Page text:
Flashcards in Clinical - Block 1 Deck (60):
Awake and Aware
Arousal and ability to open eyes
Experience of thoughts, emotions and memories
What lesion most commonly causes locked-in syndrome?
Lesion of bilateral ventral pons
Cortex injury does not usually cause. . .
loss of consciousness
Locked in syndrome
Everything is normal in brain except you cannot move (quadraplegia) except maybe blink or move eyes
Damage to what can result in chronic neuropathic pain?
Function of midbrain:
Vertical eye movements, pupil control, posture, locomotion, non-rapid eye movement, level of arousal
Function of pons:
Conjugate horizontal eye movements, posture, rapid eye movements, facial expressions
Function of medulla:
Blood pressure, breathing, GI motility, Ingestion, Equilibrium
What are the parts of the forebrain?
Cerebral cortex, basal ganglia, thalamus
Not aware but:
-Has sleep-wake cycles, opens eyes
-May smile, grimace, reflexively grip hand
-Does not feel pain or pleasure
-Not aware of self or others
In coma, what might you have?
When are you awake but not aware?
Corneal reflex tests. . .
CN V - wiping cotton on eye of coma patient to look for response of nerve. CN V will detect sensation and CN VII will control the blink reflex.
What will be spared in a central lesion (stroke)?
Hold tuning fork on middle of head
Check air to bone conduction
Stroke (central facial weakness):
Can still raise eyebrows
Cannot raise eyebrows
Peripheral facial weakness:
whole side of face is lateral/weak
Where are things louder in the weber test?
Conductive hearing loss - louder in affected ear
Sensorineural loss - louder in unaffected ear
Where will the tongue deviate when you stick it out?
To the affected side/weak side of CN XII
What is the "clasp knife" tone?
-One direction, better with repetition, worse with speed
-UMN problem, pyramidal
What is the "lead pipe" tone?
-Rigid in every direction
-Basal ganglion may be damaged, extrapyramidal
-Both flexion and extension is difficult (ex: Parkinson's disease)
What happens in pronator drift?
If UMN weakness, fingers flex, arm pronates, drifts downward. If patient has had a stroke, they will have fingers that flex and arm that slowly drops.
What is the grading system for strength?
5 - cannot overcome
4 - can overcome
3 - antigravity only
2 - not antigravity
1 - feel or see
0 - no movement
What tract has large fibers and what tract has small fibers?
Large fibers - Dorsal columns
Small fibers - Spinothalamic tract
Positive Romberg means. . .
What cranial nerves for the biceps reflex?
What can hyperreflexivity mean?
Brain lesion, spinal cord lesion!
Where do corticospinal tracts (descending) cross?
-Axons from motor cortex (UMN) descend on the same side of the brain until the level of the SPINOMEDULLARY JUNCTION
-This is where the fibers cross to the opposite side and continue to descend through the spinal cord until they reach the lower motor neuron on that side [crosses at lower medulla]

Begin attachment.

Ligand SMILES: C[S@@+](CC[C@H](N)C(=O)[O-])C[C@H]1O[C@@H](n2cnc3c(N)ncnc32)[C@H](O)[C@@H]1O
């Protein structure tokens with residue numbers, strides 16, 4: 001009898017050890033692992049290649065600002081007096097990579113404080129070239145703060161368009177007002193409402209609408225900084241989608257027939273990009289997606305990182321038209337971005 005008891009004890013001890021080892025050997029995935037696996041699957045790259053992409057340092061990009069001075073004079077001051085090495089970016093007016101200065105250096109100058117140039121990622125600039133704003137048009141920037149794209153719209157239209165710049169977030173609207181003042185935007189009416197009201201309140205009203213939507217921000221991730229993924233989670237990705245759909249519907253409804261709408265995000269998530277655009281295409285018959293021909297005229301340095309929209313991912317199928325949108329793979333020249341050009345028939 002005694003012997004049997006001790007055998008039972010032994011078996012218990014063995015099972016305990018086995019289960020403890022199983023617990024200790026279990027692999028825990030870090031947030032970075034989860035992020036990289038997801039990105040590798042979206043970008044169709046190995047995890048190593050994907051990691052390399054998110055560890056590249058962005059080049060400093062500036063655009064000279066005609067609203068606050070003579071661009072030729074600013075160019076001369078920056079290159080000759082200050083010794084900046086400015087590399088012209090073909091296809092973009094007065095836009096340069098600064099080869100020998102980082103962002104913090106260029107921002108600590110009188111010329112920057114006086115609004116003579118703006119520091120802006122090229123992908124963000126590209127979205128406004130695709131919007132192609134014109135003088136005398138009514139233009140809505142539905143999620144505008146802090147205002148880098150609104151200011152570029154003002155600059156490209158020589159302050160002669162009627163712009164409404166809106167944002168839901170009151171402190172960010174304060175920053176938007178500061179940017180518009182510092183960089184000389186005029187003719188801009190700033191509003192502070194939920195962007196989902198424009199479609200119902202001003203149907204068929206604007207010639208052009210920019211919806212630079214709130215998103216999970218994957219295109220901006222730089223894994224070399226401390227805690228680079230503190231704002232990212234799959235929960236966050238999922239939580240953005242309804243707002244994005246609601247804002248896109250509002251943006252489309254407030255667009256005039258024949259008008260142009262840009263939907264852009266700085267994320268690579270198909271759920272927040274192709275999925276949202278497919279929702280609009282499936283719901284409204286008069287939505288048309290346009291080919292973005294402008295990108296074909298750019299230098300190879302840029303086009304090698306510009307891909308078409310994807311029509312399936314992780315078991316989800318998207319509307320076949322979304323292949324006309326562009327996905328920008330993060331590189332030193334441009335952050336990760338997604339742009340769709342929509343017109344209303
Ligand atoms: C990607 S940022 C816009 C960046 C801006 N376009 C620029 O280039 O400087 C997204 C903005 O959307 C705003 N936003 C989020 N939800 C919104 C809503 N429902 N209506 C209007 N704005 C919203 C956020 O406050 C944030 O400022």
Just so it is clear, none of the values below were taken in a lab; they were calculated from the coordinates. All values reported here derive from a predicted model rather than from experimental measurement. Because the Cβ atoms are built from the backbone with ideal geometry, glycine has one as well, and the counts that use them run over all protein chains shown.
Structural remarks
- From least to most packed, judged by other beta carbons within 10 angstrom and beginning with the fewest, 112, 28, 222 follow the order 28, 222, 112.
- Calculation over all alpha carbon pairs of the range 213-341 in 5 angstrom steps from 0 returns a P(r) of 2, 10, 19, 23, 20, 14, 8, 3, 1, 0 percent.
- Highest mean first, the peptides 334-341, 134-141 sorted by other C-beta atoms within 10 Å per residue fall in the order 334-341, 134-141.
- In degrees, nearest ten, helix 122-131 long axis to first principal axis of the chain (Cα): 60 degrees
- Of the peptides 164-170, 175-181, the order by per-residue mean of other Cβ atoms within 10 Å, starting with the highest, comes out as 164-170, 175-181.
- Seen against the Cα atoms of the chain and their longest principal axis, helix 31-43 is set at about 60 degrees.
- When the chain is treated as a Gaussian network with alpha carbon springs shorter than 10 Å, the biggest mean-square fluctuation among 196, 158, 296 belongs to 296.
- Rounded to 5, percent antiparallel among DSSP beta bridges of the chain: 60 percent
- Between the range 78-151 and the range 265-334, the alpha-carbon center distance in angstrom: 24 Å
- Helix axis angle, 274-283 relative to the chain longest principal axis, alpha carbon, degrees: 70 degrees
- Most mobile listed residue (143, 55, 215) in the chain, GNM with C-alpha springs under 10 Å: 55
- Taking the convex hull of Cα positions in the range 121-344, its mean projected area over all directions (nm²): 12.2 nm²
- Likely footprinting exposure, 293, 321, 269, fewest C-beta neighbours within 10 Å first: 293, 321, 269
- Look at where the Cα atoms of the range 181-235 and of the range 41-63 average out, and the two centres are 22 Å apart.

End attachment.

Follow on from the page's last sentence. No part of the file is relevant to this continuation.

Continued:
What are the two somatosensory ascending tracts?
1. Spinothalamic tract (pain and temperature)
2. Dorsal Column-Medial Lemniscus System (discriminatory touch and position sense)
When do the spinothalamic tracts cross?
Almost immediately after entering the spinal cord
When do the dorsal column-medial lemniscus tracts cross?
When they reach the level of the medulla
When does the spinothalamic and dorsal column-medial lemniscus tracts start to travel together to the thalamus (and then onto the sensory cortex)?
What CN has the longest path as it exits the brainstem?
What does the brain use all of its energy for?
-Membrane depolarization & repolarizatio
-NT release & uptake
-NT synthesis & metabolism
What is the function of astrocytic endsheaths?
They cover blood vessels.
-While neuron is firing, astrocyte is sensing what is going on (energy level used) and responding by sending signal to vessel to dilate or constrict to regulate the flow of blood and nutrients
When is the pentose phosphate pathway used?
In ketone breakdown
-Most active in newborn
-It requires vitamin B1 (thiamine) for its transketolase
-Alcoholics deficient in VB1 can get Wernicke-Korsakoff syndrome!
What does pos. and neg. CMR-G indicate?
+ = brain is using glucose (more glucose going in than out)
- = brain is producing glucose (more glucose going out than in)
What is the formula for CMR-G?
Glucose metabolism formula:
1 glucose + 6O2 = 6CO2 + 6H2O
Where is low glucose metabolism seen?
When eyes are stimulated, what increases?
Blood flow, glucose use and oxygen availability
What is the Glucose and Oxygen use in coma and epilepsy?
Low CMRG & Low CMRO2 in Coma
High CMRG & High CMRO2 seen in Epilepsy (neurons firing out of control)
Glucose and O2 in person who is drowning, AD and Strong anesthetic?
Drowning - CMRG same or higher, CMRO2 low
AD - Low CMRG & Low CMRO2
Strong anesthetic - Low CMRG & Low CMRO2
What is ischemia?
Local anemia due to lack of blood flow
What is infarction?
Severe ischemia leading to cell death or necrosis
What is a thrombus?
Clot that forms in place where it blocks blood flow
What is an embolus?
Clot that forms in one location and travels to the brain where it blocks blood flow.
What syndromes affect supratentorial structures?
Middle cerebral artery syndrome & Anterior Cerebral Artery syndrome
What syndromes affect posterior fossa structures?
Lateral Medullary syndrome (PICA), Medial medullary syndrome (anterior spinal artery) and Weber's syndrome (superior alternating hemiplegia - posterior cerebral artery affecting midbrain)
What does acetazolamide do?
Inhibits CA (carbonic anhydrase) - helps reduce CSF production
What does furosemide (Lasix) do?
It blocks the Na/K/2Cl pump & is often used to treat children with over production of CSF (& congestive heart failure!!) - helps reduce CSF production